On Sunday, violent clashes broke out in the Haitian capital with two witnesses of Reuters observing shots being fired until late at night, as police escalated their protest over pay and conditions.
Most Violent Clashes
This time the clashes were the most violent as police, this time heavily armed, began protesting at the end of last year as the destitute Caribbean island nation fights with a prolonged economic and political crisis.
The Haitian government released a statement on late Sunday strongly castigating the violence, referring it to as an attack against democracy and freedom, highlighting that it was arduous to assess the scope of the violence.
“Terror reigned in certain areas,” the statement said. “Streets were obstructed and there was a war-like situation at the Champ de Mars (square), where heavy weapons fire was heard almost all day.”
It was not promptly clear who fired the shots or the tear gas during the protest, which resulted in the suspension of the Carnival, a multiday dance and music festival that concludes in a colorful parade.
A stage that was built by the Ministry of Defense and guarded by the army was also set on fire, according to a witness of Reuters. “No money for police officers but enough money for Carnival,” protesters shouted. It was the final straw after a series of other challenges, they said.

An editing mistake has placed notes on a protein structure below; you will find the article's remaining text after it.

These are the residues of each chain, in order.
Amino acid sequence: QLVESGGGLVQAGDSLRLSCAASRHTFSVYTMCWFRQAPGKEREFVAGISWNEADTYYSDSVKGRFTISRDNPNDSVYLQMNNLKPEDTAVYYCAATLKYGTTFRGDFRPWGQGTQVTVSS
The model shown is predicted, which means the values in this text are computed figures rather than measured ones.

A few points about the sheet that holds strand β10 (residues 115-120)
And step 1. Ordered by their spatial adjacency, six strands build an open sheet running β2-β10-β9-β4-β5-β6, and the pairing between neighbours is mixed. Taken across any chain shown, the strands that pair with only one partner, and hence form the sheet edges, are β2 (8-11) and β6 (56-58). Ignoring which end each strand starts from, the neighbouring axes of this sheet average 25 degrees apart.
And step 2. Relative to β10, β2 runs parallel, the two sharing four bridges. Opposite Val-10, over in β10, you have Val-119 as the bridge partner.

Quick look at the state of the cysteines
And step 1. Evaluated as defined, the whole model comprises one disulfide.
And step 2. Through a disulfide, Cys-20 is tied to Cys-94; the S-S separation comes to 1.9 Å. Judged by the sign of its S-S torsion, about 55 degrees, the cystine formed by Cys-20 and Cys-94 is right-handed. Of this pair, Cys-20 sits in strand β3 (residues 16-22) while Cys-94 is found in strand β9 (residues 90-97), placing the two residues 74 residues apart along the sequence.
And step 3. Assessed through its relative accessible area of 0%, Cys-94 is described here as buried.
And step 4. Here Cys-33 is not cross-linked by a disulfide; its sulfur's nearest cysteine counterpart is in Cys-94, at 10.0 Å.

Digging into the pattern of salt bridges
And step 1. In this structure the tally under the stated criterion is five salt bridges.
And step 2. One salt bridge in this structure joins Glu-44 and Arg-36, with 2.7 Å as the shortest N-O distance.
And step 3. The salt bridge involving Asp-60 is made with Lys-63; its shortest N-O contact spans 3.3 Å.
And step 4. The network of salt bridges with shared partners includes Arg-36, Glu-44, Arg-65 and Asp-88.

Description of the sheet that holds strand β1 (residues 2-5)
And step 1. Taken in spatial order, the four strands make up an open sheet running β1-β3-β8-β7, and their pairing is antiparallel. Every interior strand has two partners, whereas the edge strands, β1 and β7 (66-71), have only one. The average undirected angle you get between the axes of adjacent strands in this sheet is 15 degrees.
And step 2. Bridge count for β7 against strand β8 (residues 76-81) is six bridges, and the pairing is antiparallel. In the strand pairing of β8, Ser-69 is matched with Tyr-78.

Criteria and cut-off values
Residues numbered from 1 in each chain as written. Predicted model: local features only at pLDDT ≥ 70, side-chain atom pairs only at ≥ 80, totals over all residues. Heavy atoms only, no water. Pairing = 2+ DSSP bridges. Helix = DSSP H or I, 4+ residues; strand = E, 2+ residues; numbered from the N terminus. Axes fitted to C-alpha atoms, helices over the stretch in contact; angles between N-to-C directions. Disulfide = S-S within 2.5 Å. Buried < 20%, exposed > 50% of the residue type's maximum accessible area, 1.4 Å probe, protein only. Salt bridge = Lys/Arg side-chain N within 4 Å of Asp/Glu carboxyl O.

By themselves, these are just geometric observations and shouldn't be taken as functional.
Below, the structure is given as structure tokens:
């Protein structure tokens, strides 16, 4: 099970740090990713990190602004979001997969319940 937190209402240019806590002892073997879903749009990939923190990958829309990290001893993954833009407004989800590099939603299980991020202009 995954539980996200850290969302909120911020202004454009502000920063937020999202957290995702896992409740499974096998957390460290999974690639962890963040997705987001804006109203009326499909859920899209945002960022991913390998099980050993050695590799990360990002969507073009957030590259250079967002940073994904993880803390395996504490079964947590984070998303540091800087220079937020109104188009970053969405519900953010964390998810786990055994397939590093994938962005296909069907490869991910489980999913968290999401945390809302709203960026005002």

Condition of Haiti
“We’ll continue to demonstrate,” shouted one masked protester who refused to be identified for fear of revenge. Local television broadcasted footage of two cars set on fire whereas the local radio reported many were wounded along with one death. Reuters was unable to verify the injuries or fatality.
Some protesters were wearing cream and blue police uniforms and had guns; however had their faces covered, when they booted from the upscale Delmas neighborhood toward the large Champ de Mars public square.
Since January, Jovenel Moise, Haiti President has been ruling by decree, following the country failed to uphold elections and the mandates of lower house deputies and most senators expired in October.
The political situation has slashed Haiti, the poorest country in the Americas, off from some international funding. This has further hindered its ability to respond to the worsening economic crisis, including food shortages.
One in three Haitians, around 3.7 million people, require urgent food assistance, up from 2.6 million people at the end of 2018. Haiti ranks 111 out of 117 countries on the Global Hunger Index, near-poor sub-Saharan African countries.
Hello, I’m Anna Yeo. If you like my news coverage, please drop a good word in my inbox. I’m journalist by profession and have been part of many major reporting across the globe. I like to write crisp and factual news. I have completed my masters degree in journalism. Feel free to contact me at [email protected]